Everyone tends to get caught up in the rat race from time to time. Between working a full-time job that extends above and beyond your traditional 9-5, contributing to this website, and volunteering at my university, I’m in the same boat! As things have gotten busier and busier the past few months, I’ve been thinking increasingly of ways to wind down. From time to time, we all should be taking time to unplug from the daily grind.
We have been focusing hard on career advancement in recent articles. All that grinding comes with some unwanted side effects. Below are several tips I have found useful to get rid of that stress, while still keeping goals in focus. That happy medium between achievement and balance is one that always shines through in the Home At 30 articles I have written.
Next time you find yourself banging your head against the desk, take a look at any of the below strategies.
Strategies to Unplug from the Grind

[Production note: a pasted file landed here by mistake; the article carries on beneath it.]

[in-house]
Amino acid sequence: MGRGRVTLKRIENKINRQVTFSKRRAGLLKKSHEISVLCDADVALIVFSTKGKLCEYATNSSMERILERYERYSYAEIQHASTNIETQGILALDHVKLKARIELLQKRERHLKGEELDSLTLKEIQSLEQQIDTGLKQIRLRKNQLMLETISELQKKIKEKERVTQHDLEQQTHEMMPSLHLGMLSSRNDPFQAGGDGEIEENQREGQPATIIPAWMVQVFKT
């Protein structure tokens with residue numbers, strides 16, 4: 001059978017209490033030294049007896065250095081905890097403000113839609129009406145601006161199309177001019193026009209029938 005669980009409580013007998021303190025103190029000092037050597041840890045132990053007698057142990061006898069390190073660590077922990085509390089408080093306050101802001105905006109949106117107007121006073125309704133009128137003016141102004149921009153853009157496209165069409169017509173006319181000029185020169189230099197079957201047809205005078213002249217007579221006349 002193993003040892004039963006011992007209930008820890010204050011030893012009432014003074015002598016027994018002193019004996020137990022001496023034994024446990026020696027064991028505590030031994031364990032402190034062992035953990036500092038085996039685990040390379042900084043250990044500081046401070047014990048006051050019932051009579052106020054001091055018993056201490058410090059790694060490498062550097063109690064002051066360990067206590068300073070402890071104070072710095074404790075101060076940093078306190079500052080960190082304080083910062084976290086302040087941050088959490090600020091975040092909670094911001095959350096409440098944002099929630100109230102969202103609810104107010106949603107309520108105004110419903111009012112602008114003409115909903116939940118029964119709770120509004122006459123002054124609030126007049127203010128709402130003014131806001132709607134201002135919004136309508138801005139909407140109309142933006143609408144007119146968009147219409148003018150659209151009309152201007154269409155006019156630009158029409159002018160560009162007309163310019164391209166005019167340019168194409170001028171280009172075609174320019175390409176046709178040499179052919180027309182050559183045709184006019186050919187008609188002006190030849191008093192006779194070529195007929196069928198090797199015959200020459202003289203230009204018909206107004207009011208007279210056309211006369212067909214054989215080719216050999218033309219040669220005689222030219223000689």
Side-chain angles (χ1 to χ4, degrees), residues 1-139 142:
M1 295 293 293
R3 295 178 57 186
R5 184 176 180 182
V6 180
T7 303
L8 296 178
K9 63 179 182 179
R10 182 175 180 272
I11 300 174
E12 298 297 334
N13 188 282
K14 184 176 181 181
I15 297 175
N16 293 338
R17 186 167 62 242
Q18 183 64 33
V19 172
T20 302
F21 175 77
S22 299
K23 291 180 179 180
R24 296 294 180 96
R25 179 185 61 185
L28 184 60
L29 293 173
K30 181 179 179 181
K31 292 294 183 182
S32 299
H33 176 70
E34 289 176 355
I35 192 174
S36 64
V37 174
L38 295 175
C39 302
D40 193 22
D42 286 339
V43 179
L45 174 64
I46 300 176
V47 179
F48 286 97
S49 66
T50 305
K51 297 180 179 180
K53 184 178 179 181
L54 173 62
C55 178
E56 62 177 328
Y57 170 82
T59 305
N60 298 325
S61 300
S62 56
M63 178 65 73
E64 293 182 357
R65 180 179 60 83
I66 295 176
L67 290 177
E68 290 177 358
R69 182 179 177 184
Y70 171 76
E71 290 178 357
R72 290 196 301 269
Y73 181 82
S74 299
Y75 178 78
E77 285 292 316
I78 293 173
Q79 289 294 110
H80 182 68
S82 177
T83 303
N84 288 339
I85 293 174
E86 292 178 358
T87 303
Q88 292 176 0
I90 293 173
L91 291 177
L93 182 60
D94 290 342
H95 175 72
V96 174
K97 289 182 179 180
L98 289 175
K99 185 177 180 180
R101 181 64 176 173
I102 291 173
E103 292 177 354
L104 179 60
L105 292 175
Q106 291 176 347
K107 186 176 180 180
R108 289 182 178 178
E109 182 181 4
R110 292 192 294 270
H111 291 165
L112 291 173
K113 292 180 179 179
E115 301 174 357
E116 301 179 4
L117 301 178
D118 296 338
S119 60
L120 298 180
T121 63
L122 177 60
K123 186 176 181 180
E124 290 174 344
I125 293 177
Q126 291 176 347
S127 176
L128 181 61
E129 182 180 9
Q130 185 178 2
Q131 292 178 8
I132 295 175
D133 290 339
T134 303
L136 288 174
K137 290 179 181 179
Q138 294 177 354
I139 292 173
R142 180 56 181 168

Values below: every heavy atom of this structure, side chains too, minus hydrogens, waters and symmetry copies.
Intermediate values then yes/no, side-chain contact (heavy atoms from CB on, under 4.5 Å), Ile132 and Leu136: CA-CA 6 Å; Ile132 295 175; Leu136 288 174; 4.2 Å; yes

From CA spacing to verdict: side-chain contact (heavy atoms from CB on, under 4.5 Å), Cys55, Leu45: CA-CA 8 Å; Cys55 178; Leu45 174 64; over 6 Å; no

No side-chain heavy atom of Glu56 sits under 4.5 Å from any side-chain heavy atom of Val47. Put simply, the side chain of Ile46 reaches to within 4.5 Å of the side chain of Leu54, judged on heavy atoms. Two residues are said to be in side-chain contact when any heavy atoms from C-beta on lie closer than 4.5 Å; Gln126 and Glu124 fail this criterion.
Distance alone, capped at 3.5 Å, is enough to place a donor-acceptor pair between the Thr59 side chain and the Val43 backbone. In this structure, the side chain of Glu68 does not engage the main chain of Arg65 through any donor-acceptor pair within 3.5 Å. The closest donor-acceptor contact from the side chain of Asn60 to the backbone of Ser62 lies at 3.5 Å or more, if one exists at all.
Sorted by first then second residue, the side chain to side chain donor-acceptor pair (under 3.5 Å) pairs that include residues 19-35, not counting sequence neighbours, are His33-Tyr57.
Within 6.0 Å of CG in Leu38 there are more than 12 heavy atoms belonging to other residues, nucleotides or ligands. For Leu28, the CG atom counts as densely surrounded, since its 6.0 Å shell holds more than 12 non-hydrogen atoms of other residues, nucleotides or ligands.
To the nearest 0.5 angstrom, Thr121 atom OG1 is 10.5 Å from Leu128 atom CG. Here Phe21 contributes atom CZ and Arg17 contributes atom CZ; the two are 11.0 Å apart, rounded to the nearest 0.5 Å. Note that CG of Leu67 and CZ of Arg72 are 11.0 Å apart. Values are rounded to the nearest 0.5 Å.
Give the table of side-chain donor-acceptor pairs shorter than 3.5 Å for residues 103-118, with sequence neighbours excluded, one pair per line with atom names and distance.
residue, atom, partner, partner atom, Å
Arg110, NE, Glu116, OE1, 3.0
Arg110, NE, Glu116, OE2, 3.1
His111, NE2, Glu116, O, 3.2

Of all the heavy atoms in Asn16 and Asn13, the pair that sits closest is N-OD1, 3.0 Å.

Turning (ALL) Electronics Off
One of my personal favorites, getting away from everything that requires electricity can have incredible benefits for your well being. A few times a week I’ll make sure to switch off everything and turn to exercise or a book, running errands, etc. The key is leaving your phone on airplane mode, or turning it off altogether. Get rid of the constant stigma that leads us to check our phones 80 times a day, on average.
Whether it’s an incoming work email, a sports update, a game notification, whatever – it’s hard to overstate the therapeutic effect of getting away from everything electronic. Get into the flow of the present moment and hit the reset button. You’ll feel much better after even a few hours.
For a longer-term solution to these constant electronic distractions that increase the stress of the grind: Harvard Business Review suggests moving to 15 or 30-minute phone check intervals, rather than reacting to every beep like a Pavlovian dog. Tough to do as a sales guy but I follow this method as often as I can in my day-to-day!
Contrary to the previous post of all electronics off, sometimes it’s good to boot up the podcasts on your phone. I’m a big fan of a few podcasts out there which preach self-development and hard work. I know Josh tweeted about this very subject this week, so I wanted to share a couple of top-shelf shows I love tuning into.